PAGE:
Study explores ethnic group differences in overweight children living in Canada

Study explores ethnic group differences in overweight children living in Canada

South Asian boys are three times as likely to be overweight compared to their peers, according to a new Women's College Hospital study. [More]
Month-long residential program helps young adults stay drug-free

Month-long residential program helps young adults stay drug-free

Residential treatment may be an appropriate first-line option for young adults who are dependent on opioid drugs - including prescription painkillers and heroin - and may result in higher levels of abstinence than does the outpatient treatment that is currently the standard of care. [More]
New app directly connects single ventricle heart defect patients to doctors

New app directly connects single ventricle heart defect patients to doctors

A powerful new app is directly connecting single ventricle heart defect patients to their doctors, dramatically improving their monitoring while they recover from heart surgery at home. Girish Shirali, MBBS, FACC, FASE, Co-Director of the Ward Family Heart Center at Children's Mercy Kansas City, will report today on how the technology is changing patient care at the American Heart Association Scientific Sessions 2014. [More]

High-quality U.S. hospitals also provide low-cost care for children undergoing heart surgery

U.S. children's hospitals delivering the highest-quality care for children undergoing heart surgery, also appear to provide care most efficiently at a low cost, according to research led by the University of Michigan and presented Tuesday at the American Heart Association Scientific Sessions in Chicago. [More]
MD Anderson study sheds light on little-known protein complex

MD Anderson study sheds light on little-known protein complex

A study at The University of Texas MD Anderson Cancer Center led by Mong-Hong Lee, Ph.D., a professor of molecular and cellular oncology, has demonstrated the significance of CSN6 in regulating Myc which may very well open up a new pathway for treating and killing tumors. [More]
MGH investigators develop system to accurately track the process of falling asleep

MGH investigators develop system to accurately track the process of falling asleep

Massachusetts General Hospital investigators have developed a system to accurately track the dynamic process of falling asleep, something has not been possible with existing techniques. In their report in the October issue of the open-access journal PLOS Computational Biology, the research team describes how combining key physiologic measurements with a behavioral task that does not interfere with sleep onset gives a better picture of the gradual process of falling asleep. [More]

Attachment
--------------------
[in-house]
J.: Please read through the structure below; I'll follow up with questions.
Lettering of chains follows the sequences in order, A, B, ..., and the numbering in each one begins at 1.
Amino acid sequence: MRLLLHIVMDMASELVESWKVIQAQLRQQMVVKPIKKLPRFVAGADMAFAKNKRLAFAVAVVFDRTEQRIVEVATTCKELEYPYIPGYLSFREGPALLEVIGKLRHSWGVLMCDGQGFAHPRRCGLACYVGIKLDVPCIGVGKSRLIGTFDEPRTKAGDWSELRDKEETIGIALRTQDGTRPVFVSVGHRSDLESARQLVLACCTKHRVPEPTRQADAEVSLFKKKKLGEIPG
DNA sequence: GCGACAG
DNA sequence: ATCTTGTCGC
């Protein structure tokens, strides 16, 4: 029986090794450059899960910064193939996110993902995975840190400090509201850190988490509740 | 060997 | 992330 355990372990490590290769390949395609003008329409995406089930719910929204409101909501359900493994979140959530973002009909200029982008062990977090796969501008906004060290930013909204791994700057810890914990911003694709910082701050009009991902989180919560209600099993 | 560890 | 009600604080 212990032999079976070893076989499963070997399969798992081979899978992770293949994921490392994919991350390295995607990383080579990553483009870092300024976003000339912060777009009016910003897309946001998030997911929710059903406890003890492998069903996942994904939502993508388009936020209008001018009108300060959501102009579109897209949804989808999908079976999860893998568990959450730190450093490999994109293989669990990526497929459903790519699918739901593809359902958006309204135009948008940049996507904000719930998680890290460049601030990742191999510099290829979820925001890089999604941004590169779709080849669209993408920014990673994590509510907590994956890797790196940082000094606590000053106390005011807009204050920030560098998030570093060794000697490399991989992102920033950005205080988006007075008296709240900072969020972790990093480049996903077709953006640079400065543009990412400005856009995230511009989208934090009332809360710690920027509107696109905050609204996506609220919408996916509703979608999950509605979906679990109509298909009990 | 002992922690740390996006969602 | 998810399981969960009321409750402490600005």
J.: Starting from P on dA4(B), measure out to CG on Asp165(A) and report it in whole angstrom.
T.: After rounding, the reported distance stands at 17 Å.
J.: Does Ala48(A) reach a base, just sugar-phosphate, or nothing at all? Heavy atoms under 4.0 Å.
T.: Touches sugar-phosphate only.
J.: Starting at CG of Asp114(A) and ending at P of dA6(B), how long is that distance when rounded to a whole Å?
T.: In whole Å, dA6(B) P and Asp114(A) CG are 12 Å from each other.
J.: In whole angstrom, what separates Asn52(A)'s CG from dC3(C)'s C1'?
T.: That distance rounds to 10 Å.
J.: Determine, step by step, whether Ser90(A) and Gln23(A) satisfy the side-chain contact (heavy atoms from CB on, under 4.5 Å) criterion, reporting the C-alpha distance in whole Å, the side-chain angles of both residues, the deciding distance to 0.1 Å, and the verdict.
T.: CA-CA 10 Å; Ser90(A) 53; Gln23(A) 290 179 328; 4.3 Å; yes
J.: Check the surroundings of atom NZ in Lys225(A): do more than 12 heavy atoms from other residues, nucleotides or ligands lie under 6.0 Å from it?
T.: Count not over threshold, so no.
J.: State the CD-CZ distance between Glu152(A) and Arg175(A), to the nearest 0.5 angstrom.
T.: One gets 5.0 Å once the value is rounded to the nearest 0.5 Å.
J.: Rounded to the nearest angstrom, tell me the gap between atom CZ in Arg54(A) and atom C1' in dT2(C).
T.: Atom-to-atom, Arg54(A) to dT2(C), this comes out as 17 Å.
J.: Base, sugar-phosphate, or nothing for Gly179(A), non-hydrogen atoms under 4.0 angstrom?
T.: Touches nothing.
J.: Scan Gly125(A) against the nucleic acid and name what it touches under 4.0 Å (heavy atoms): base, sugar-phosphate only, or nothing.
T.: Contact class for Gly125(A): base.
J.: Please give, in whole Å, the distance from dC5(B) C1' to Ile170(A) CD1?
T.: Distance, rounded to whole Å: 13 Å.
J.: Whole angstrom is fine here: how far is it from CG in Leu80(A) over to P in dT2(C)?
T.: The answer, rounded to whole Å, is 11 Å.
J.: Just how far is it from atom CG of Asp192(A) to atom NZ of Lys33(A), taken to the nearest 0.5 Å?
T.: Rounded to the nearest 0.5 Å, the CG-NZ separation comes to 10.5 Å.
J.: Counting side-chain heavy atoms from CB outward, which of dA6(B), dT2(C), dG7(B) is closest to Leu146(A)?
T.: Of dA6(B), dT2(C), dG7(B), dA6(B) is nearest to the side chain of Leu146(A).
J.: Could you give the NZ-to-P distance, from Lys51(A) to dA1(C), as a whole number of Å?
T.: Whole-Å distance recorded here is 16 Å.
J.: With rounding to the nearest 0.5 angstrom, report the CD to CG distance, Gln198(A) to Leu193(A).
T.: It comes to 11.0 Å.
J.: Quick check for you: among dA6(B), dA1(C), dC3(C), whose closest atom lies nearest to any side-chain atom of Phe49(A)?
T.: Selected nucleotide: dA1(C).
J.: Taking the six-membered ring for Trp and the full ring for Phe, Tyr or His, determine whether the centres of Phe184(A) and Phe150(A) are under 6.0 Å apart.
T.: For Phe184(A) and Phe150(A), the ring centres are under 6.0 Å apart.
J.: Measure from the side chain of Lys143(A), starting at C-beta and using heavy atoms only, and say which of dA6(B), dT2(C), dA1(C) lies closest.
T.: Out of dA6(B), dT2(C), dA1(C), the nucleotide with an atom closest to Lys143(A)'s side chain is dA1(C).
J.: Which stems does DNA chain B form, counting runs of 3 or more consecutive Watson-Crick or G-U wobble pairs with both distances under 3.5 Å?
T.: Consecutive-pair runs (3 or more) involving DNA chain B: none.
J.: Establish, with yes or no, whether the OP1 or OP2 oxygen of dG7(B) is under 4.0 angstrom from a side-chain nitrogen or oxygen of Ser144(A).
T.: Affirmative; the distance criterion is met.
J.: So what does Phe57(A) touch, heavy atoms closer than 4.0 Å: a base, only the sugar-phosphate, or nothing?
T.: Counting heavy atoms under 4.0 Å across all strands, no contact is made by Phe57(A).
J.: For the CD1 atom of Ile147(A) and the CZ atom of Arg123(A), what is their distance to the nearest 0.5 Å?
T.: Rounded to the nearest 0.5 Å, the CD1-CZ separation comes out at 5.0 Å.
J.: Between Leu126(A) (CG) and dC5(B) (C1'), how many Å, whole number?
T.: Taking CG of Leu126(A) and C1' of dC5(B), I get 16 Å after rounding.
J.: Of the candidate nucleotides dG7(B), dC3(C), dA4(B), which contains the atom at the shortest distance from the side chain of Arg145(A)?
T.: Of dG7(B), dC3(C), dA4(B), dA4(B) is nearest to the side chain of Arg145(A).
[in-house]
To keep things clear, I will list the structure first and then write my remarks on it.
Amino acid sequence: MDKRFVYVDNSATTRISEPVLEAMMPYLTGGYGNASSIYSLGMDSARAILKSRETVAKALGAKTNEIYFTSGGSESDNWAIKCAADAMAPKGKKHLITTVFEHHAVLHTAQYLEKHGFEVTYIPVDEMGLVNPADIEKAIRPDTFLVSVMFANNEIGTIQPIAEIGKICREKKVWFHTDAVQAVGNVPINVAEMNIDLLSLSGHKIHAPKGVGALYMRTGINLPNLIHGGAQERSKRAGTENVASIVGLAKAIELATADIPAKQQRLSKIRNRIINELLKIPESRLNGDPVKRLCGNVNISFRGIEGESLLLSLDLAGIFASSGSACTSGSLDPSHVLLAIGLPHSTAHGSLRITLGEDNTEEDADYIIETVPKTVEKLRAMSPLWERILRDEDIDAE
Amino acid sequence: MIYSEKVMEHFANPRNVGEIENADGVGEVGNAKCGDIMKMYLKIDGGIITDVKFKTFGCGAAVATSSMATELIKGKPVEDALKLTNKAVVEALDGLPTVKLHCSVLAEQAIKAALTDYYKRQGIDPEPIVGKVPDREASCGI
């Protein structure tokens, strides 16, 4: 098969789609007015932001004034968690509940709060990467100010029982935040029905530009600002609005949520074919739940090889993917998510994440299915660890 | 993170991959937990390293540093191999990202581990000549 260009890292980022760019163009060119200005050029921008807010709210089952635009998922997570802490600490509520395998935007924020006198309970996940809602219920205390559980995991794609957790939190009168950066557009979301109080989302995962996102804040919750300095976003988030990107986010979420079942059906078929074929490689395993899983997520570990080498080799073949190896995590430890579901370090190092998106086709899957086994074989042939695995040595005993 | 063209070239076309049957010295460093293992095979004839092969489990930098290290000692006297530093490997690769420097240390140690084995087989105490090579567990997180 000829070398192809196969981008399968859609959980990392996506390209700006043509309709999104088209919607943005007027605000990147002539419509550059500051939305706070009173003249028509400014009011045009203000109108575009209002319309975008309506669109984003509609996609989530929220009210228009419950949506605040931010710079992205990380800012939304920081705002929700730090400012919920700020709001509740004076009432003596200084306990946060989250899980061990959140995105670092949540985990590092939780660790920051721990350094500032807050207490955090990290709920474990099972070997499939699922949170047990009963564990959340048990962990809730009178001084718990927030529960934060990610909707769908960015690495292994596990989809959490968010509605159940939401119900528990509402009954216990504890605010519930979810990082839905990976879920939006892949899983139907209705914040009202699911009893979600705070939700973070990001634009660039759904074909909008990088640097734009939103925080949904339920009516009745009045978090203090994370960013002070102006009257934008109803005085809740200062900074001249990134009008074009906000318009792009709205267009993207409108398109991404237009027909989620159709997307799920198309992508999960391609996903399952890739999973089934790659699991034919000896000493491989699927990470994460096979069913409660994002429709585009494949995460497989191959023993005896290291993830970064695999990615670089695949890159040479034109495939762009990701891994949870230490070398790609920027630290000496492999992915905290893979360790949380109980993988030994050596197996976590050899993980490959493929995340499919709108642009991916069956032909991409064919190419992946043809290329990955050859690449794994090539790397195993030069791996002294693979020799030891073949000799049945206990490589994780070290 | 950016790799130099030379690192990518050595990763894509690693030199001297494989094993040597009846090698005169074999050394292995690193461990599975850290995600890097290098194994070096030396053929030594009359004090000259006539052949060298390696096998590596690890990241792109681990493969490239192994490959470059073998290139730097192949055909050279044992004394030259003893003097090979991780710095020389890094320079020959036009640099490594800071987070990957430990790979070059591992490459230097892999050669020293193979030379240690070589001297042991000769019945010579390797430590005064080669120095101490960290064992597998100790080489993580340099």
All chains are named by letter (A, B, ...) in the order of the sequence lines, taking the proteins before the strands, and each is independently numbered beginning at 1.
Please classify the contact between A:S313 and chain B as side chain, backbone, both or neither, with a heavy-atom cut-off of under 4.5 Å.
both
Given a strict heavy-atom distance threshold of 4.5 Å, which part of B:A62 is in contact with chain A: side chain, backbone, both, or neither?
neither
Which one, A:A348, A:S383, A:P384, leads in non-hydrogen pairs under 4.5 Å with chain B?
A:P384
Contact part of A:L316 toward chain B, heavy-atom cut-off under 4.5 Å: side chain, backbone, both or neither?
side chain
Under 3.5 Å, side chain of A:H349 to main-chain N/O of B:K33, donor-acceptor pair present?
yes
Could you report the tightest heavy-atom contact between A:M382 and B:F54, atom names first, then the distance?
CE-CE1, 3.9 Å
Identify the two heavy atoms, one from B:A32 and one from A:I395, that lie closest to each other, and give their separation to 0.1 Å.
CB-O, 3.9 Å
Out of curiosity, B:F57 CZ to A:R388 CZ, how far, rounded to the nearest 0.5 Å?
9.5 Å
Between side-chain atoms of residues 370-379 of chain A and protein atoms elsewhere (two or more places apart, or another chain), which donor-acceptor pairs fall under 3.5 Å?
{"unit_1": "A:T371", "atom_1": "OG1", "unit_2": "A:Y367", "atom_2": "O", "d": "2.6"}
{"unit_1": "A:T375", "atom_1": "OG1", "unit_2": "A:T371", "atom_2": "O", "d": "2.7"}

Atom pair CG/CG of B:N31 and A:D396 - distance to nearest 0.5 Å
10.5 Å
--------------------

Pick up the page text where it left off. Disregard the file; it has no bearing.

New treatment for Marfan syndrome works as well as beta blockers

New treatment for Marfan syndrome works as well as beta blockers

A new treatment for Marfan syndrome, a rare genetic disease that can lead to heart problems, works as well as the currently recommended medical therapy, beta blockers, according to an article in the New England Journal of Medicine. [More]
Obese people experience silent cardiac damage that fuels risk for heart failure

Obese people experience silent cardiac damage that fuels risk for heart failure

Using an ultrasensitive blood test to detect the presence of a protein that heralds heart muscle injury, researchers from Johns Hopkins and elsewhere have found that obese people without overt heart disease experience silent cardiac damage that fuels their risk for heart failure down the road. [More]
Self-acupressure may be effective for treating constipation

Self-acupressure may be effective for treating constipation

About 19 percent of North Americans suffer from constipation, with the digestive condition being more common among women, non-whites, people older than 60, those who are not physically active and the poor. [More]
Training medical students on handheld ultrasound device can enhance their physical diagnosis

Training medical students on handheld ultrasound device can enhance their physical diagnosis

A new study by researchers from Icahn School of Medicine at Mount Sinai found that training medical students to use a handheld ultrasound device can enhance the accuracy of their physical diagnosis. [More]